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Quick Film Review: Five plays from the Seahawks’ offense against the Steelers

Seattle Seahawks v Pittsburgh Steelers Photo by Justin Berl/Getty Images

With Week 1 of the preseason now in the books, we were able to see the Seattle Seahawks rookie class take the field for the first time in the NFL. It is important to not overreact to what we see in the preseason for a multitude of reasons. However, there are still both positives and negatives that can be taken away from these games. In this article we are going to look at 5 plays from the offensive side of the ball involving rookies and a player fighting for depth chart positioning and what can be taken away from them.

Kenneth Walker lll

On the surface there is not a whole lot of excitement going on in this play as it is a simple 7-yard run. However, it highlights a lot of what Walker lll brings to the table as back. He quickly recognizes that his left tackle Charles Cross is getting set back and cuts it inside on a play that was designed to be going outside of the tackles. He then gets light on his toes, which allows him to quickly cut in and out as needed. As he enters the hole, he gets skinny, fights through an arm tackle and gets four to five yards after contact. There are a lot of running backs that would have turned this into only a 3–4-yard gain but he possesses the speed, vision, and strength required to turn this into a 7-yard tote.

Bo Melton

This is a great play call to utilize what Melton brings to the table as an athlete. Melton is in motion when the ball is snapped, and he runs an underneath route on a naked bootleg. With Tyler Mabry running a deep out or corner route on Melton’s side it forces the zone corner to sink leaving Melton wide open. When Lock flips his hips to Melton’s side, he hits him at the line of scrimmage with Melton doing the rest. He immediately makes a man miss upon the catch. The Rutgers alum then showcases his 4.34 40 speed by quickly accelerating and running past multiple defenders with ease turning what could’ve been a small gain into a 39-yard reception. If Melton is to be used in the Seahawks offense this year these are the types of plays Shane Waldron will be calling for him with the intent of getting him the ball in space at or near the line of scrimmage.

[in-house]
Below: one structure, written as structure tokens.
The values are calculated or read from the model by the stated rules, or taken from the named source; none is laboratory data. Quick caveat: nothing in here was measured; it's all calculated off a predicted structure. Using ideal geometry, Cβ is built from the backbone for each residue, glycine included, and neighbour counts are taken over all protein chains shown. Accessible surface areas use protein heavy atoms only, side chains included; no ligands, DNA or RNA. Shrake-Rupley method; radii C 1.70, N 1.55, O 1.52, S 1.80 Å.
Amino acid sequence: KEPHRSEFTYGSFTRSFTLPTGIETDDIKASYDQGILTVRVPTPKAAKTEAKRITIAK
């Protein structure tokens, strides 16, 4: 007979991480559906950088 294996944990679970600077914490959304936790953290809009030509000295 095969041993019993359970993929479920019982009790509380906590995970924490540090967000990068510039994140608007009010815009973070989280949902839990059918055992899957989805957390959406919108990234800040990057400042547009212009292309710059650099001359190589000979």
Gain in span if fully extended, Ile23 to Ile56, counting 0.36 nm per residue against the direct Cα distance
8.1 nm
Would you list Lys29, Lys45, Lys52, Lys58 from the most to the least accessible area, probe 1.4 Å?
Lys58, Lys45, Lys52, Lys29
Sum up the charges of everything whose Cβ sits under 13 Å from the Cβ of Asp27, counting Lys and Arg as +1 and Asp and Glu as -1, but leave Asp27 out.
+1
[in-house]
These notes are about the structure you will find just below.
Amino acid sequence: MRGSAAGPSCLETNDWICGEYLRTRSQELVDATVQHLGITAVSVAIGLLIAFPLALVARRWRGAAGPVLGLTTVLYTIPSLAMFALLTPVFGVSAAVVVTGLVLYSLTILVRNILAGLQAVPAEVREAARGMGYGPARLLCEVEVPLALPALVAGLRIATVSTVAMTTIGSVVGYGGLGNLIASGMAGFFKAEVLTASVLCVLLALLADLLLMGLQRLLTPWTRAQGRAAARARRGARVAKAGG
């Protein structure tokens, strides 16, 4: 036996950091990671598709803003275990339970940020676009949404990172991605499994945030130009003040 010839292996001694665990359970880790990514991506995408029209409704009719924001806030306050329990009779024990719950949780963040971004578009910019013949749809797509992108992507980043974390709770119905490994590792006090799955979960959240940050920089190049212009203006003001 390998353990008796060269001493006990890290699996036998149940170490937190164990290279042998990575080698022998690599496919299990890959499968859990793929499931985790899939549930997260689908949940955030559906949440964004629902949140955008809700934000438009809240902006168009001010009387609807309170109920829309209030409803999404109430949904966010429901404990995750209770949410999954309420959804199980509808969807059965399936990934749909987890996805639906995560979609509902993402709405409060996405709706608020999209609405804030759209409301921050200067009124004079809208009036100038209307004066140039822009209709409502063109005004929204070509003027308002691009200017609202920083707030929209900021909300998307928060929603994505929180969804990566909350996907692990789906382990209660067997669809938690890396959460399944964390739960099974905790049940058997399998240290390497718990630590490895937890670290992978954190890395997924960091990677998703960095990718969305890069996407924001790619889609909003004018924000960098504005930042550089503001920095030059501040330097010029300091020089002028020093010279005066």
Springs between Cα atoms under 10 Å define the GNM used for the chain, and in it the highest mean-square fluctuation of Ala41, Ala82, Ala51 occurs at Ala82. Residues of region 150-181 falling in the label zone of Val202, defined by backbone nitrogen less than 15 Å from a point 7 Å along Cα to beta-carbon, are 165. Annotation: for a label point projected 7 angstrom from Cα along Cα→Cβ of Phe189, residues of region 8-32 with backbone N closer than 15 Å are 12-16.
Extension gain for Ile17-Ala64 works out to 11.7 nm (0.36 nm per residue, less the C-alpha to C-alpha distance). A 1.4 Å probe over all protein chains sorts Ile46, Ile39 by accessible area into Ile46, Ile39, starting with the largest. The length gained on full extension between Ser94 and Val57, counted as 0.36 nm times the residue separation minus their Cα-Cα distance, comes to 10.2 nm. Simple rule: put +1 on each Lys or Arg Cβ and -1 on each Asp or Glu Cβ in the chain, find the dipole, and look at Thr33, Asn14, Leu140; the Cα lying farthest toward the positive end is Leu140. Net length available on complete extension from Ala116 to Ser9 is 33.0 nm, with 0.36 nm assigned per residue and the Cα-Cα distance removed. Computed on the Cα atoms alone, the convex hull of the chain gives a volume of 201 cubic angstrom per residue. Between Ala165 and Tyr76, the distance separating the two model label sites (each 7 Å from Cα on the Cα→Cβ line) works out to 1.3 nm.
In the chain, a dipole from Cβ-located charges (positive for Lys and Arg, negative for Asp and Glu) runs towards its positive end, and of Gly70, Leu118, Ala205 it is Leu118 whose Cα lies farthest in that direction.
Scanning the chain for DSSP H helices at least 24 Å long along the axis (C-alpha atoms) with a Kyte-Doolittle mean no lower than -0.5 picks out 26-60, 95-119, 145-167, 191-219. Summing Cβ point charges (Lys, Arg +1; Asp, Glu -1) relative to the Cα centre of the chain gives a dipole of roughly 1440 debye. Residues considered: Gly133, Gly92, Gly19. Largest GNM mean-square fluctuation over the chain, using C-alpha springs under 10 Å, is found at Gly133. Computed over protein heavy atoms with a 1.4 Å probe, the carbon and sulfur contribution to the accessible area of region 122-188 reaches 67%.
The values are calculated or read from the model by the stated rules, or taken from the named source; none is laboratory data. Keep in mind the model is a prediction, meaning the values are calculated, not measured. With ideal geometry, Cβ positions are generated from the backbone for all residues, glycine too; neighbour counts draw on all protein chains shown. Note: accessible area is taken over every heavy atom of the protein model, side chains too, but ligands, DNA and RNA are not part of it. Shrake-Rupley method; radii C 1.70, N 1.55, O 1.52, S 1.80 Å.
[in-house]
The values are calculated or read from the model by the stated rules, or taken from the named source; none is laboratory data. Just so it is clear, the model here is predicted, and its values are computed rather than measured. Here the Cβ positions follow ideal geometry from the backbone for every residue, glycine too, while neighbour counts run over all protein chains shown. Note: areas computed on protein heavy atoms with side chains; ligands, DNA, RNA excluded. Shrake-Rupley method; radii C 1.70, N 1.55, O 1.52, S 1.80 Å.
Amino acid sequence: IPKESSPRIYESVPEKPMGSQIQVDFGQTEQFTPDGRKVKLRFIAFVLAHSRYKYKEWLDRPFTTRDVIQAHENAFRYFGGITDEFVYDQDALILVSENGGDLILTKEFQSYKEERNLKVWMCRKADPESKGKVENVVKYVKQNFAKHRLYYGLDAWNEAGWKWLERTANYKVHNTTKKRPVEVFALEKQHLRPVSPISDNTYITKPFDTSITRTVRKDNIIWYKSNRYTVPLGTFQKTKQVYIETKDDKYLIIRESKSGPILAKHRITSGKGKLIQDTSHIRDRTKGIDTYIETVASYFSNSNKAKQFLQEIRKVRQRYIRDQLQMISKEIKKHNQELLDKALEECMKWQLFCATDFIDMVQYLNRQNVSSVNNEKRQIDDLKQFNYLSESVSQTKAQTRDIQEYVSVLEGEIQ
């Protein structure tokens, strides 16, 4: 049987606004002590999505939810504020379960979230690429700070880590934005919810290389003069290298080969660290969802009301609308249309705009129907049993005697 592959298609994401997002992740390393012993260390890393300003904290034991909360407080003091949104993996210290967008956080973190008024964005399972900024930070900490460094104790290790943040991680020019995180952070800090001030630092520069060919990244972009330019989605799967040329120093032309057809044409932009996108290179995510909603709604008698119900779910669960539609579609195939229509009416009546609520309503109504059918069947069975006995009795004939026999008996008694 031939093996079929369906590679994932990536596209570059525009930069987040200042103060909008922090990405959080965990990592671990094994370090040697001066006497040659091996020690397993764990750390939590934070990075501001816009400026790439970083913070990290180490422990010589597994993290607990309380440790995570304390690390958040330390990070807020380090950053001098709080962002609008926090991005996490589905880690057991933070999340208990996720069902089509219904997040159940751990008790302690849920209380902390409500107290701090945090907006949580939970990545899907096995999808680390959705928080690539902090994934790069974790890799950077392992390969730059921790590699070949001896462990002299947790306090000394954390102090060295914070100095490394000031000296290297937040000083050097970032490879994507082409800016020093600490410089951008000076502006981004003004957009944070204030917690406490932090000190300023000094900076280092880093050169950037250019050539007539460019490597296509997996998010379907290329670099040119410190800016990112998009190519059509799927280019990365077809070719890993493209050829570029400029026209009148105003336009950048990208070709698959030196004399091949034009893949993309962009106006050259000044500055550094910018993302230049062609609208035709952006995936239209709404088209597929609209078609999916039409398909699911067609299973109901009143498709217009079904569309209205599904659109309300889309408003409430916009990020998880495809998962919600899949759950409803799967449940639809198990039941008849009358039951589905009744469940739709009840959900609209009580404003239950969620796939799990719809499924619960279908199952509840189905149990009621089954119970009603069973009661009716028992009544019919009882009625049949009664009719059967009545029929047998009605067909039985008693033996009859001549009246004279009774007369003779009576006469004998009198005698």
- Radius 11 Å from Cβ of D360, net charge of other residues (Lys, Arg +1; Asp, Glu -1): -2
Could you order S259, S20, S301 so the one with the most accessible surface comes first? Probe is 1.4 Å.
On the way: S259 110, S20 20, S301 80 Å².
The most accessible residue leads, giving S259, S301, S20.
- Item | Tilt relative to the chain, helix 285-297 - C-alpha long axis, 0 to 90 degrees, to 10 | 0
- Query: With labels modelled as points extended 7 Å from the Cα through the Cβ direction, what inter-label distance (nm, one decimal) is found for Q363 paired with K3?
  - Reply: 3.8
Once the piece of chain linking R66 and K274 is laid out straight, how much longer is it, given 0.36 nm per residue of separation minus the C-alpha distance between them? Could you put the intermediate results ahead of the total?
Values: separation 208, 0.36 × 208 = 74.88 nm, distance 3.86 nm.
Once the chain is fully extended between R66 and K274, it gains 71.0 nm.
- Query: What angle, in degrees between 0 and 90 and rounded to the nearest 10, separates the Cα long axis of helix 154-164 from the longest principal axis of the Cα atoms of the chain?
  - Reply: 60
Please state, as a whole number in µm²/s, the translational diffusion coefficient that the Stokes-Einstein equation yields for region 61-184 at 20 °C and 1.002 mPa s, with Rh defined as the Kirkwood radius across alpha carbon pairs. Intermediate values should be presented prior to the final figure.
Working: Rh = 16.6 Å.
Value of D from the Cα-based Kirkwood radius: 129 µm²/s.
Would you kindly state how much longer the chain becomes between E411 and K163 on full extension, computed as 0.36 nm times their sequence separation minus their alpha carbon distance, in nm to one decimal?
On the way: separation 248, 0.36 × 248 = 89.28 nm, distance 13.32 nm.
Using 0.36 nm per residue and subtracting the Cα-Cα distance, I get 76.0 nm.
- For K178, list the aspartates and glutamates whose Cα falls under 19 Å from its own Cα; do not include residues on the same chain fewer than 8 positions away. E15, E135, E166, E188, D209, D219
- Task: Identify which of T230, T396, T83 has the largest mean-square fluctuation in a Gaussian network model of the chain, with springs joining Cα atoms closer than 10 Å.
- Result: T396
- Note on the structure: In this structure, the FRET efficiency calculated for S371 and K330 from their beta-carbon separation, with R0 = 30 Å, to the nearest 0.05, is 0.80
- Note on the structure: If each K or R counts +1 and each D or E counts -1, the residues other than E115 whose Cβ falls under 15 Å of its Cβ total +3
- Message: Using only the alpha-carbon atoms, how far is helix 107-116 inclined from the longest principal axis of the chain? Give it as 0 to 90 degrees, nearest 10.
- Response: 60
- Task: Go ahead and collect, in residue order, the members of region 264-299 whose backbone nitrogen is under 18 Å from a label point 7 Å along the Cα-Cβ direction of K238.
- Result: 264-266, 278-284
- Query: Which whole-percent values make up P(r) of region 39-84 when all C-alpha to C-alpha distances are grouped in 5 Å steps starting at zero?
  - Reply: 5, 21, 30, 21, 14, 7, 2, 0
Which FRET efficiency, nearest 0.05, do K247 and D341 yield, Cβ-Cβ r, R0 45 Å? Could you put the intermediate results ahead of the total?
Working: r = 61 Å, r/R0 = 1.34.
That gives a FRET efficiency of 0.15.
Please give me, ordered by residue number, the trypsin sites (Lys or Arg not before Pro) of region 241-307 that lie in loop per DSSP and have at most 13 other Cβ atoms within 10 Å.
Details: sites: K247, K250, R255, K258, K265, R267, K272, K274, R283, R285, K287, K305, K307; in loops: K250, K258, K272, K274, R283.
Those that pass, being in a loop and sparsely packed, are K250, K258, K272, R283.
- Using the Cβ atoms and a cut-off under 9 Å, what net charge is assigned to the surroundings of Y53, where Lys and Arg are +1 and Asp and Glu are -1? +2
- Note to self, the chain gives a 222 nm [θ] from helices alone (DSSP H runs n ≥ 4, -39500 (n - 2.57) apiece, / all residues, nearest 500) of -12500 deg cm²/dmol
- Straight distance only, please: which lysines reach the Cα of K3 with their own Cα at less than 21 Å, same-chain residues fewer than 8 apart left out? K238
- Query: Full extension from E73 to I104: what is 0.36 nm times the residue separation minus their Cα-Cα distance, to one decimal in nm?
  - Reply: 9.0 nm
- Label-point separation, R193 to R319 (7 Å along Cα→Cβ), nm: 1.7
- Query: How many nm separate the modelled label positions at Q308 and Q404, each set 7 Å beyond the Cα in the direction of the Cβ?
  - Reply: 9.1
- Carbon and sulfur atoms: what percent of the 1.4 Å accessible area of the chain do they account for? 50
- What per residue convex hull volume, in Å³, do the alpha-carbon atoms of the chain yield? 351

Charles Cross

While this tweet highlights both Cross and Lucas we are specifically going to focus on Cross, as Lucas is discussed later in the article. There are both positives and negatives throughout the play. The biggest positive is how quickly Cross is able to get out of his stance and mirror the edge off of the snap eliminating both lanes to the inside and outside. Cross does a great job of staying engaged with #48 Derrek Tuszka throughout the majority of the play, only losing contact at the very end. However, Cross does place his outside hand on the outside of the defender’s shoulder pad with it creeping onto his back. This is something that is going to cause him to lose play strength at times, but it is preseason where a lot of rust is being knocked off for players, so it is nothing to be concerned about. If the Seahawks offense is going to succeed this upcoming season Cross is going to have to put plays like this one consistently on tape.

Abe Lucas

We don’t get a whole lot from this play, but I love how it highlights the strength and finish that Lucas has in his toolbox. He drives the defender back 5 yards with relative ease and then finishes the block by driving him into the ground and landing on him. These are the type of next level, extra effort, nasty blocks that will drive defenders crazy throughout the course of a game. Coming out of Washington State, Lucas was rawer in the running game compared to the passing game so it is encouraging to see him put a play like this one on tape.

Take a look at the All-22 on this play:

DeeJay Dallas

Dallas was the Seahawks most heavily used offensive skill position player from Saturday’s game, totaling 10 carries and 1 catch. From those 11 touches he amassed an impressive 90 total yards and a touchdown. On Dallas’ lone catch he creates a ton of separation at the stem of the route by breaking it down and going against the defender’s leverage. After the catch Dallas turns it up field, breaks two tackles at the same time and jumps over a defender en route to his lone touchdown in the game.

Roster battles aren’t going to be won over a single play or a single game as the overall body of work is always going to stand out the most. However, this is the type of high effort play that is going to stick out in the coaching staff’s minds throughout the entirety of the preseason and regular season.